"Wealthy Canaanites liked to stock their tombs with imitations of Egyptian ushabti, figurines of people who would tend to the dead in the afterlife. “There was an Egyptianization, so to speak, of Canaan’s material culture,” says Ben-Tor. “The Canaanites were burying their dead with objects imported from Egypt or with local imitations of them.”" (pg 3)

"Sometimes the Canaanites added their own twists to Egyptian customs." (pg 4)
The Book of Joshua in the Bible presents an image of a powerful Israelite army sweeping through Canaan and conquering the city-states under God's command. By contrast, they found a message at (I think) Tel Amarna in which one of the "kings" of a city-state (think Bedouin leader rather than our present image of a king) writing to the Pharaoh pleading for help against the pesky 'apiru (which is thought by some to refer to the Hebrews). They were more an inconvenience it appears than a conquering army. There's also a monument created by a pharaoh that celebrates their victory over Israel - it also contains exaggerations, making the Israelites a more fearsome enemy than they were likely to have been in reality. So there was "creative editing" of the stories on all sides.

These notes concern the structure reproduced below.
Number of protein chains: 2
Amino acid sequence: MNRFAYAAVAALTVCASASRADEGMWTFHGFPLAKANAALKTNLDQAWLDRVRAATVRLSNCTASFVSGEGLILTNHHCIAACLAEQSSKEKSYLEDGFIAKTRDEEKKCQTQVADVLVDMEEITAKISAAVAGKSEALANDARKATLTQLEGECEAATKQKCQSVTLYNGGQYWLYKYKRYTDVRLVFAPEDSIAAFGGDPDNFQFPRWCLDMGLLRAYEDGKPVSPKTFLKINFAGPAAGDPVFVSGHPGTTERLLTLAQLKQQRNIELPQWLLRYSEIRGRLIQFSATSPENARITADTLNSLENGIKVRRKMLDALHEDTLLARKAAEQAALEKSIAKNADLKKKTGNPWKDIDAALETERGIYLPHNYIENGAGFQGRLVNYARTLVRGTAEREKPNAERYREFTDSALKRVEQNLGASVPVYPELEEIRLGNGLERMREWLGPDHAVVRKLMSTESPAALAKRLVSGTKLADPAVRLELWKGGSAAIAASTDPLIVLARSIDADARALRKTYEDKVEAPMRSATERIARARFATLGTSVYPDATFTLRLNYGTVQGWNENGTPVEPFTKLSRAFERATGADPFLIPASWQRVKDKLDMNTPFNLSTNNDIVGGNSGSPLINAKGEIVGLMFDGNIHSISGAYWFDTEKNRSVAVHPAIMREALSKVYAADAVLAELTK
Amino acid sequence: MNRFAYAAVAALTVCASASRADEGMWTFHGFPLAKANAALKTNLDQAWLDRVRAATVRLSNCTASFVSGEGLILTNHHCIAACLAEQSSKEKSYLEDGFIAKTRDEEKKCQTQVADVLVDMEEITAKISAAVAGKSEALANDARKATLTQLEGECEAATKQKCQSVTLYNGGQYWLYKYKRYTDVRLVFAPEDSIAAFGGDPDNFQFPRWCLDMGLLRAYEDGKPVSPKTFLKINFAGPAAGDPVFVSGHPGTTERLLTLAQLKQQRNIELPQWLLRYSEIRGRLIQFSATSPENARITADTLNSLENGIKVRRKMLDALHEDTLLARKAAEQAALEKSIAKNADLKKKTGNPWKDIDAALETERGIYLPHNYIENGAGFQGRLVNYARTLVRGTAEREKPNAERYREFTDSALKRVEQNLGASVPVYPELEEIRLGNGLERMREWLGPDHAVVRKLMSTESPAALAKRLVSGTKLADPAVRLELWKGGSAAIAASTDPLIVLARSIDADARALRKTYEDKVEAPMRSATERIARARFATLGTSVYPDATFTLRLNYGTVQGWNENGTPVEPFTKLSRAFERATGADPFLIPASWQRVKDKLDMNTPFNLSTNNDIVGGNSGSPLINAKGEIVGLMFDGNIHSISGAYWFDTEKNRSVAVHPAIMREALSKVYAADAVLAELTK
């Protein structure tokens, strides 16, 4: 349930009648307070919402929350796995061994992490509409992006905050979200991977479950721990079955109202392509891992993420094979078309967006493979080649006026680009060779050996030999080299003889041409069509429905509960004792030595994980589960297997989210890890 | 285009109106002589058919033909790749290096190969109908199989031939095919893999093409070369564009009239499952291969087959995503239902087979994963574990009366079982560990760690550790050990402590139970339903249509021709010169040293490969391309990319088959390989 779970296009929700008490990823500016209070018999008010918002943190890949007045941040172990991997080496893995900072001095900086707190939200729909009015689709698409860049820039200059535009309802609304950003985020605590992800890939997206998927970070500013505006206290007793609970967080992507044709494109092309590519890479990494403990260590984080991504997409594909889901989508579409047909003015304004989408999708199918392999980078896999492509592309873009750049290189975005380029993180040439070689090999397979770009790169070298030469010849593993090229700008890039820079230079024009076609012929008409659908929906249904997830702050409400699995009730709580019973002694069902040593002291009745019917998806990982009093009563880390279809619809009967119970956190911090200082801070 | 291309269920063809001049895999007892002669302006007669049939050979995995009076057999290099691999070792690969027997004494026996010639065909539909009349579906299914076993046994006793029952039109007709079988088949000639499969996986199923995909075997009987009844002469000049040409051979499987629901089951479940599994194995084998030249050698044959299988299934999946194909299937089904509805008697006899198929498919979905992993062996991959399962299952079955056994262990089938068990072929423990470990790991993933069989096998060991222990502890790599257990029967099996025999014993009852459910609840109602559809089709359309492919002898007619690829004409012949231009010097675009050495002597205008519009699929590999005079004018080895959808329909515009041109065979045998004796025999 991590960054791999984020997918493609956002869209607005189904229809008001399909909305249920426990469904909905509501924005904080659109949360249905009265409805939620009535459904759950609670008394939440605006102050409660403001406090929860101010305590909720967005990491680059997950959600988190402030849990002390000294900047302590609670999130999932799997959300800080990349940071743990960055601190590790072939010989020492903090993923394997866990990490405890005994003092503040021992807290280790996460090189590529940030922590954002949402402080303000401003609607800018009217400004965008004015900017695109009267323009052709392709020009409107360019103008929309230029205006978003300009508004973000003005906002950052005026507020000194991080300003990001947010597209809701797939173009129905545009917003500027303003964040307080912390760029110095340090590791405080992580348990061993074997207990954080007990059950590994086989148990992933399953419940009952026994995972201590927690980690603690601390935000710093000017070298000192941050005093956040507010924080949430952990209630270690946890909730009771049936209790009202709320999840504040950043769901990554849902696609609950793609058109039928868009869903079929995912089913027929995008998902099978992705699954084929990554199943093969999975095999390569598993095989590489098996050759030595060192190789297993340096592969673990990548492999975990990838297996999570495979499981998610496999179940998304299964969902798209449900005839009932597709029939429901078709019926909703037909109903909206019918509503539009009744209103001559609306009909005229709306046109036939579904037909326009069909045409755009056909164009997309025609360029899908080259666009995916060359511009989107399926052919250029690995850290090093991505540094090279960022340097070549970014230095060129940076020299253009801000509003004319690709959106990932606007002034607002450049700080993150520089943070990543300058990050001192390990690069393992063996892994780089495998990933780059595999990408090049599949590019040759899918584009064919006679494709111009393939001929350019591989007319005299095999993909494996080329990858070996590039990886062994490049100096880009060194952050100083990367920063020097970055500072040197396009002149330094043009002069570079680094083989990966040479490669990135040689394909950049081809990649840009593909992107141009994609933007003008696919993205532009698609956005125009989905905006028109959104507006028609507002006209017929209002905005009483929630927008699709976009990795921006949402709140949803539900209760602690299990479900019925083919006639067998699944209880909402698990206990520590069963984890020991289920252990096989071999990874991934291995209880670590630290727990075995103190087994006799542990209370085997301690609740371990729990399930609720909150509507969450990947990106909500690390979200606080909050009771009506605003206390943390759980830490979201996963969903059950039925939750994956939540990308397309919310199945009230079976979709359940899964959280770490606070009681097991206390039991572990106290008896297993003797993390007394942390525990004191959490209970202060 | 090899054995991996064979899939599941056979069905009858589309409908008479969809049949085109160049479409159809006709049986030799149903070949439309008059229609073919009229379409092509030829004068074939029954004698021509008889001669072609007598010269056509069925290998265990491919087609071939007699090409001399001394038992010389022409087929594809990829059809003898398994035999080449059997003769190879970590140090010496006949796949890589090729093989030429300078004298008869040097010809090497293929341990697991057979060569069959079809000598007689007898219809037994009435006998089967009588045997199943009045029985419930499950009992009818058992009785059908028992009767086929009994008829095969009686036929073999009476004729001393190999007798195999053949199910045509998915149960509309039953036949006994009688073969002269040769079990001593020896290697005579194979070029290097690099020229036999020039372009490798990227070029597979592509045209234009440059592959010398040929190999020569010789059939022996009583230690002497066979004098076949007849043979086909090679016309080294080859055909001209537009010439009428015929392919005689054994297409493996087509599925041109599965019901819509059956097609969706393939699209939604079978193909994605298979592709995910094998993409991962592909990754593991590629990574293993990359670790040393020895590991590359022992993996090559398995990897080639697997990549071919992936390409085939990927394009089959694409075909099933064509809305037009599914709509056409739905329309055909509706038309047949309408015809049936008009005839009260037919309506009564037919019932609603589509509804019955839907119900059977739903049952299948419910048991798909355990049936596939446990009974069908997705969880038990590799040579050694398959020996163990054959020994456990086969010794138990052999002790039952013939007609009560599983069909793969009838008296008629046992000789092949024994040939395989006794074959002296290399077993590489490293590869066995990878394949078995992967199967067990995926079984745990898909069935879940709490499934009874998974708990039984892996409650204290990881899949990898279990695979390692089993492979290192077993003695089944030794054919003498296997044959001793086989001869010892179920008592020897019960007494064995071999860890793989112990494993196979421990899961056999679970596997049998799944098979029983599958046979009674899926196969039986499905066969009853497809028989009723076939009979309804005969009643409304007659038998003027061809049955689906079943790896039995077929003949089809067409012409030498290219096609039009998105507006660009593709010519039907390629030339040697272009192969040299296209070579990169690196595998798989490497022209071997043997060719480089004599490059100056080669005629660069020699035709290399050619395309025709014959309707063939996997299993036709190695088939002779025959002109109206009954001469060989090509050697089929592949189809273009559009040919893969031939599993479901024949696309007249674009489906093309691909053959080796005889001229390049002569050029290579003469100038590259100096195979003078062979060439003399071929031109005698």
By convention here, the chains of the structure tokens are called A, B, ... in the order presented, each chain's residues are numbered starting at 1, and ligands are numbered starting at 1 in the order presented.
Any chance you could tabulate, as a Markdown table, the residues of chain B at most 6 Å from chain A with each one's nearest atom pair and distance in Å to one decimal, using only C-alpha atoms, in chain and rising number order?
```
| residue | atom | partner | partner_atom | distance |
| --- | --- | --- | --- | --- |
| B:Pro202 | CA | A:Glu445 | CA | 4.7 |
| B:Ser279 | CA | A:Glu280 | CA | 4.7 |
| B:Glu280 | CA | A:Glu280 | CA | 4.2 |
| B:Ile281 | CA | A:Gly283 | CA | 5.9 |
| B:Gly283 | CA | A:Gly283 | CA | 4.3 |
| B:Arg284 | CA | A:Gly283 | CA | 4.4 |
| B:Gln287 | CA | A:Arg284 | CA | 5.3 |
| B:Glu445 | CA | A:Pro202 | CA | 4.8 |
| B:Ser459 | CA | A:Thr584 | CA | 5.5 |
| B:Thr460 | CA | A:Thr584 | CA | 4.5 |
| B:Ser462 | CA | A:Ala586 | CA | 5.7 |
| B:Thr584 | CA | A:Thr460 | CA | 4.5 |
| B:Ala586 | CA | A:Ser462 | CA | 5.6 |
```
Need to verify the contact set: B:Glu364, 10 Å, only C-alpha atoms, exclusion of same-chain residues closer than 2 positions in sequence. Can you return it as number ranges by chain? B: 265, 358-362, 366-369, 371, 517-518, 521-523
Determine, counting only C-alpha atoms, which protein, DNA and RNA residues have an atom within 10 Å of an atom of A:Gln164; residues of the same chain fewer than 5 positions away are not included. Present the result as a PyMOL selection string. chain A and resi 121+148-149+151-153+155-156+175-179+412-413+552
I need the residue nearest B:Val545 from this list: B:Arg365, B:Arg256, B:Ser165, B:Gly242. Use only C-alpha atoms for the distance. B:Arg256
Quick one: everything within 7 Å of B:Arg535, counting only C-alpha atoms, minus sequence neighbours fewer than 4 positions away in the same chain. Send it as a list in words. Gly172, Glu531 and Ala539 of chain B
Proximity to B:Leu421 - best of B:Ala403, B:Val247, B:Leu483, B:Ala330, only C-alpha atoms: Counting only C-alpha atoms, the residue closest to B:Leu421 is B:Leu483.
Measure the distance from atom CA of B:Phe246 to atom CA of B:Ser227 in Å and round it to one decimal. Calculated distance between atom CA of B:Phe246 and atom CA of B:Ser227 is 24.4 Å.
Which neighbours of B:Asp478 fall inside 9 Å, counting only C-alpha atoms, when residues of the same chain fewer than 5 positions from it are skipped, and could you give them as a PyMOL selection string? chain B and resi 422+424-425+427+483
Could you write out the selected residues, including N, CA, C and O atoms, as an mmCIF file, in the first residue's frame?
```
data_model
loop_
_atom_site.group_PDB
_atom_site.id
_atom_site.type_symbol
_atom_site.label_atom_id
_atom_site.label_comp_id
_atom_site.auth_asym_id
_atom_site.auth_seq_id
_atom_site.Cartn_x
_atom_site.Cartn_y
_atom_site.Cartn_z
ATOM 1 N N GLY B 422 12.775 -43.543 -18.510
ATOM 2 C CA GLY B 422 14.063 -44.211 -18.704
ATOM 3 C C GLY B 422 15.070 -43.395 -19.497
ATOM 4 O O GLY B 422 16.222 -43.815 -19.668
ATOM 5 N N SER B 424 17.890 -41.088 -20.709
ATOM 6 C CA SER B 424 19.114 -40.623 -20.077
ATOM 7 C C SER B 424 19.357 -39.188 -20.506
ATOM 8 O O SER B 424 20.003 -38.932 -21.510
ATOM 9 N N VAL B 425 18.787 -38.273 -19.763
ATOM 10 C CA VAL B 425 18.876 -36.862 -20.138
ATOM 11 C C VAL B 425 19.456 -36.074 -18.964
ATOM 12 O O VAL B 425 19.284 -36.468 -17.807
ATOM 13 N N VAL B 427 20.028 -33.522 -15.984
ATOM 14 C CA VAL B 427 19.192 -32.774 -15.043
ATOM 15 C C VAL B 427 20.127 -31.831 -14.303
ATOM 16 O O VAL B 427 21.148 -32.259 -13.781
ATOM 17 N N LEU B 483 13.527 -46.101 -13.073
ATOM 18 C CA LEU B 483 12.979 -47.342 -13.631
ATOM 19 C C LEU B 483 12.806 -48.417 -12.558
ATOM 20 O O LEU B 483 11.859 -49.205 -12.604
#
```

I have no doubt there were at least some Israelites in Egypt, possibly working as slaves on some construction project but not necessarily. It's telling to note that Moses' name appears to be the Egyptian -mses which means "son of"; in my class on the Pentateuch the prof said that it's thought that Moses originally had an Egyptian god as part of his name (as in Tutmoses (Thoth-mses), Ramses (Ra-mses), etc) but that Israeli scribes would not include the pagan god's name when copying the texts. This suggests there is some historical basis for the story of Moses - maybe he was a labor leader, instigating a rebellion because the Israelis didn't believe they were being paid enough. Again, there may have been considerable exaggeration in the story of Israel's captivity, as there is in other Old Testament stories like Joshua's "conquest" of Canaan.